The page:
% technically code and thus must not be broken across lines?
% [breaklinks=true] to the rescue!
% Nowadays LaTeX can handle all of this with another half million macros:
% Images.
% In ye olde LaTeX one could only import a limited range of image
% types, e.g. the forgotten .eps files. Or else one simply drew the image with suitable
% commands and drawing packages. Today we want to import .jpg files we make with
% our smart phones or whatever:
% -- We will generate all images so they have a width \maxwidth. This means
% -- that they will get their normal width if they fit onto the page, but
% -- are scaled down if they would overflow the margins.
% Section numbering.
% Here again is a variable you can specify on the commandline
% `markdown2pdf my.txt --number-sections --xetex --template=/wherever/this/is -o my.pdf`
% Footnotes:
% Wait, didn't we already discuss the crisis of code in footnotes?
% Evidently the order of unfolding of macros required that
% we import a package to deal with them earlier
% and issue a command it defines now. (Or maybe that's not the reason;
% very often the order does matter as the insane system of macro expansion
% must take place by stages.)
\VerbatimFootnotes % -- allows verbatim text in footnotes
% Other stuff you specify on the command line:
% You can include stuff for the header from a file specified on the command line;
% I've never done this, but that stuff will go here:
% Title, authors, date.
% If you specified title authors and date at the start of
% your pandoc-markdown file, pandoc knows the 'values' of the
% variables: title authors date and fills them in.
% At last:
% The document itself!:
% After filling in all these blanks above, or erasing them
% where they are not needed, Pandoc has finished writing the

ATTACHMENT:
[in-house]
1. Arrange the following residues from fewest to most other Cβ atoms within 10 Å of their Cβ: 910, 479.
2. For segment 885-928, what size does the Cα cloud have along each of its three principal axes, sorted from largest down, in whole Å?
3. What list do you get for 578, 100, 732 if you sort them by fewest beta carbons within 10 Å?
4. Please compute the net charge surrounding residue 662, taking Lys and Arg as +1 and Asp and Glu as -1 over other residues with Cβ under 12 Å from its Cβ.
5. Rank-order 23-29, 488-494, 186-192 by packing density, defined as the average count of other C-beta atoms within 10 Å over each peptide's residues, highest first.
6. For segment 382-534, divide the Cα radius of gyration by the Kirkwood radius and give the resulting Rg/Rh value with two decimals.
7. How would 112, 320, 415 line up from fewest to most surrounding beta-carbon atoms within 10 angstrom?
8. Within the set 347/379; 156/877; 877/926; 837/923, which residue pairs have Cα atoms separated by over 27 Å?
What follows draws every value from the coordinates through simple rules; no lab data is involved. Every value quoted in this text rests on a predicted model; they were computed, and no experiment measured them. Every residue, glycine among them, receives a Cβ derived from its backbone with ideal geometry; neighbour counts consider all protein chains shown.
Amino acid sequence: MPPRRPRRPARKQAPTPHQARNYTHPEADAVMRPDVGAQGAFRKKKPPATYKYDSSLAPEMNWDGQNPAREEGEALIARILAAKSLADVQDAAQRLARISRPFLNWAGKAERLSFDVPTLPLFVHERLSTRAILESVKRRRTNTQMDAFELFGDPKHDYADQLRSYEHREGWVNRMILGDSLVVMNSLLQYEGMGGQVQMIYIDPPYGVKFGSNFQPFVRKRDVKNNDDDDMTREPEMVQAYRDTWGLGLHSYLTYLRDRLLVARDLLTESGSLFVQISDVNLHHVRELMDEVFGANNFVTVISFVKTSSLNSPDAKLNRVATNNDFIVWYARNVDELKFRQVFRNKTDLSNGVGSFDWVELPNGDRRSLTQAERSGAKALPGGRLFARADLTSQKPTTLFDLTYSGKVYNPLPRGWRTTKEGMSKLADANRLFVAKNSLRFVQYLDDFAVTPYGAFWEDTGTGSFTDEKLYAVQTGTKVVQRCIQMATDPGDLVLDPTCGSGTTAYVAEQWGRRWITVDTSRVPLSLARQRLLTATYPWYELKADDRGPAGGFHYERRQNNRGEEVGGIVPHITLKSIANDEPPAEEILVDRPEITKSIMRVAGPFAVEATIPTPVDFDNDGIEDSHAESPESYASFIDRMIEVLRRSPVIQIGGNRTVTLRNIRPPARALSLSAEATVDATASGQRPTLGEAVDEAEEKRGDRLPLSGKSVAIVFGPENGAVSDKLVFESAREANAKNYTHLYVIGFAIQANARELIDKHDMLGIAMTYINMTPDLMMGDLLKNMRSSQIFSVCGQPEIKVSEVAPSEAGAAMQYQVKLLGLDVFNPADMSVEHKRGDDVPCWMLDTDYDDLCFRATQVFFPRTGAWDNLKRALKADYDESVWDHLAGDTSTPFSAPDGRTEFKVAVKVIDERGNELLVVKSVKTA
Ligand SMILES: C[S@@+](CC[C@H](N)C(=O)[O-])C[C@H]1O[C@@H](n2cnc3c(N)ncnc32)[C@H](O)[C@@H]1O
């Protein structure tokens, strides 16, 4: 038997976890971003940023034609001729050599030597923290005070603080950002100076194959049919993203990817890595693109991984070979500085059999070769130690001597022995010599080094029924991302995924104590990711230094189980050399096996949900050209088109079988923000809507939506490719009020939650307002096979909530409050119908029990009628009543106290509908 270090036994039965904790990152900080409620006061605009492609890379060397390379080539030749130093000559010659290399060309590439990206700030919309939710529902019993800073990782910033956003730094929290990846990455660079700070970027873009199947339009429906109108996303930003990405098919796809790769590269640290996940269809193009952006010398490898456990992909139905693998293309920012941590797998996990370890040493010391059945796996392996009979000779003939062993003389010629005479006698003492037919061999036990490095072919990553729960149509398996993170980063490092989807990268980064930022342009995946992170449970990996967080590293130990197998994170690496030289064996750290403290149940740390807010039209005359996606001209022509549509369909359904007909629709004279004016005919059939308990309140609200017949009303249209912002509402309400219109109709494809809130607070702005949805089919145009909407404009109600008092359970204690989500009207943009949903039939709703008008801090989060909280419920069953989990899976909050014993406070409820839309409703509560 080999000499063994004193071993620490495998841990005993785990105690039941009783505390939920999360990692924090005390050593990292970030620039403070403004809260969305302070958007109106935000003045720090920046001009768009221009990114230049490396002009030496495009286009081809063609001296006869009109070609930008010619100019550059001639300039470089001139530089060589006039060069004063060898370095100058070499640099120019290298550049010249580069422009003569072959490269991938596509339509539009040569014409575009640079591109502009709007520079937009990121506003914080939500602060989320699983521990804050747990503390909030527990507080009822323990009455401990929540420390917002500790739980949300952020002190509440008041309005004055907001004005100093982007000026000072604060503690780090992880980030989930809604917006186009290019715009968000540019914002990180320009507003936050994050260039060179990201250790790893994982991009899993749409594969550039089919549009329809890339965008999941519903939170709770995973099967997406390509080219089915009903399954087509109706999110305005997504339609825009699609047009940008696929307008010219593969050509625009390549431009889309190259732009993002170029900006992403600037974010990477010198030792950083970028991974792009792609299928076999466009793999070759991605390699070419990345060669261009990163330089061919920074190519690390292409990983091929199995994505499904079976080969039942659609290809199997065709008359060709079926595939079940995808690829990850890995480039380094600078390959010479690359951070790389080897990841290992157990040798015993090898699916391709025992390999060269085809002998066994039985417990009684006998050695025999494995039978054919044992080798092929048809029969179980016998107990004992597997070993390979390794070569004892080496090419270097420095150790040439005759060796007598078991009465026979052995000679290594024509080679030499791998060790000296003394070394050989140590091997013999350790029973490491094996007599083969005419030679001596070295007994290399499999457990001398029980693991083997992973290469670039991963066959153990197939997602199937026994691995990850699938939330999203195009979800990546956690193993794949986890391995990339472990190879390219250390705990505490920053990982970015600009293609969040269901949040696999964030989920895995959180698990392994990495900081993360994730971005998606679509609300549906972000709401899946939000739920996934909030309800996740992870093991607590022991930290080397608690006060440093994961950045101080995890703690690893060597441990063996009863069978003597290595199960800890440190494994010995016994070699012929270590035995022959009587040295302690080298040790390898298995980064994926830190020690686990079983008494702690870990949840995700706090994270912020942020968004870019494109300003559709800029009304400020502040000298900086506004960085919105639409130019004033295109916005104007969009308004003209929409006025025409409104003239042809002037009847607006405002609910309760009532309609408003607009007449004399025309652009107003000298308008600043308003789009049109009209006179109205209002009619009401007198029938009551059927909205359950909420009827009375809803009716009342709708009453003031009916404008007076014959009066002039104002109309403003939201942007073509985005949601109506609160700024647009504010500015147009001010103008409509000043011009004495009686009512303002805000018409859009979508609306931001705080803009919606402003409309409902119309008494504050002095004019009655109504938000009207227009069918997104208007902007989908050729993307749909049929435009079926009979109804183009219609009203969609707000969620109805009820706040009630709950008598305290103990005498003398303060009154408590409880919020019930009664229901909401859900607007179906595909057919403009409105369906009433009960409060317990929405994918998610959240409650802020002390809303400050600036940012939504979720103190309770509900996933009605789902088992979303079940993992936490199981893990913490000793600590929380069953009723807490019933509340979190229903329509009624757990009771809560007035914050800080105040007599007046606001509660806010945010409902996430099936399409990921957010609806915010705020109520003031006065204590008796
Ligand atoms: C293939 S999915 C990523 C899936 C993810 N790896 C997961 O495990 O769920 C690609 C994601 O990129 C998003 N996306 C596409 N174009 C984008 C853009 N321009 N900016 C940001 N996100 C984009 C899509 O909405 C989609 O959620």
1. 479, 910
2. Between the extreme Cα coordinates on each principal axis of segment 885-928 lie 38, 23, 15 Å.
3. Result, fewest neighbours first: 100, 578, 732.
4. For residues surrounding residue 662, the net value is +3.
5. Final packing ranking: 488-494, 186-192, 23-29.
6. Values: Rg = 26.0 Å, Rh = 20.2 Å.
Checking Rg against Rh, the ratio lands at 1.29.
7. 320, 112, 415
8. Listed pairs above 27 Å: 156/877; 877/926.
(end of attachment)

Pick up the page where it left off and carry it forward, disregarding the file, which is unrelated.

% famous LaTeX *preamble* for your document.
% Now comes the all-important command \begin{document}
% which as you can see, will be paired with an \end{document} at the end.
% Pandoc knows whether you have a title, and has already
% specified what it is; if so, it demands that the title be rendered.
% Pandoc knows whether you want a table of contents, you
% specify this on the command line.
% Then, after fiddling with alignments, there comes the real
% business: pandoc slaps its rendering of your text in the place of
% the variable `body`
% It then concludes the document it has been writing.
Copy link

pgbrandolin commented Aug 11, 2017

Excellent stuff!
This annotated and customized template is what I really needed to quickly climb the "learning curve".


Copy link

Thank you for the file as well as the comments explanation.

I listened about markdown today and I thought it is fantastic to use it alongside with pandoc to convert .md files to .pdf or .html.

One thing I could not understand yet is how to change to right file in order to change the \documentclass, for example. You file here shed some light on it, but still some doubts remains... Where can I find the default.latex file used as standard by pandoc?

Copy link

EmTee70 commented Jun 21, 2018

First of all - Thank You!
@joaopcnogueira I had the same question, found:
pandoc -D latex > ~/.pandoc/default.latex && $EDITOR ~/.pandoc/default.latex
But it is in the Docs: :-)

Copy link

regisd commented Oct 12, 2018

Thanks a star! Can you please add a license to this work (ideally Apache 2)

Copy link

Any idea why I'm getting ! LaTeX Error: Missing \begin{document} when I try to run pandoc -s --template="craig.latex" -o markdown_template2.pdf ? I've saved this text (the latex template) into craig.latex.

Copy link

Any idea why I'm getting ! LaTeX Error: Missing \begin{document} when I try to run pandoc -s --template="craig.latex" -o markdown_template2.pdf ? I've saved this text (the latex template) into craig.latex.

Note: can do --template craig.latex just as well. Just make sure this is saved in the ~/.pandoc/templates directory.

Sign up for free to join this conversation on GitHub. Already have an account? Sign in to comment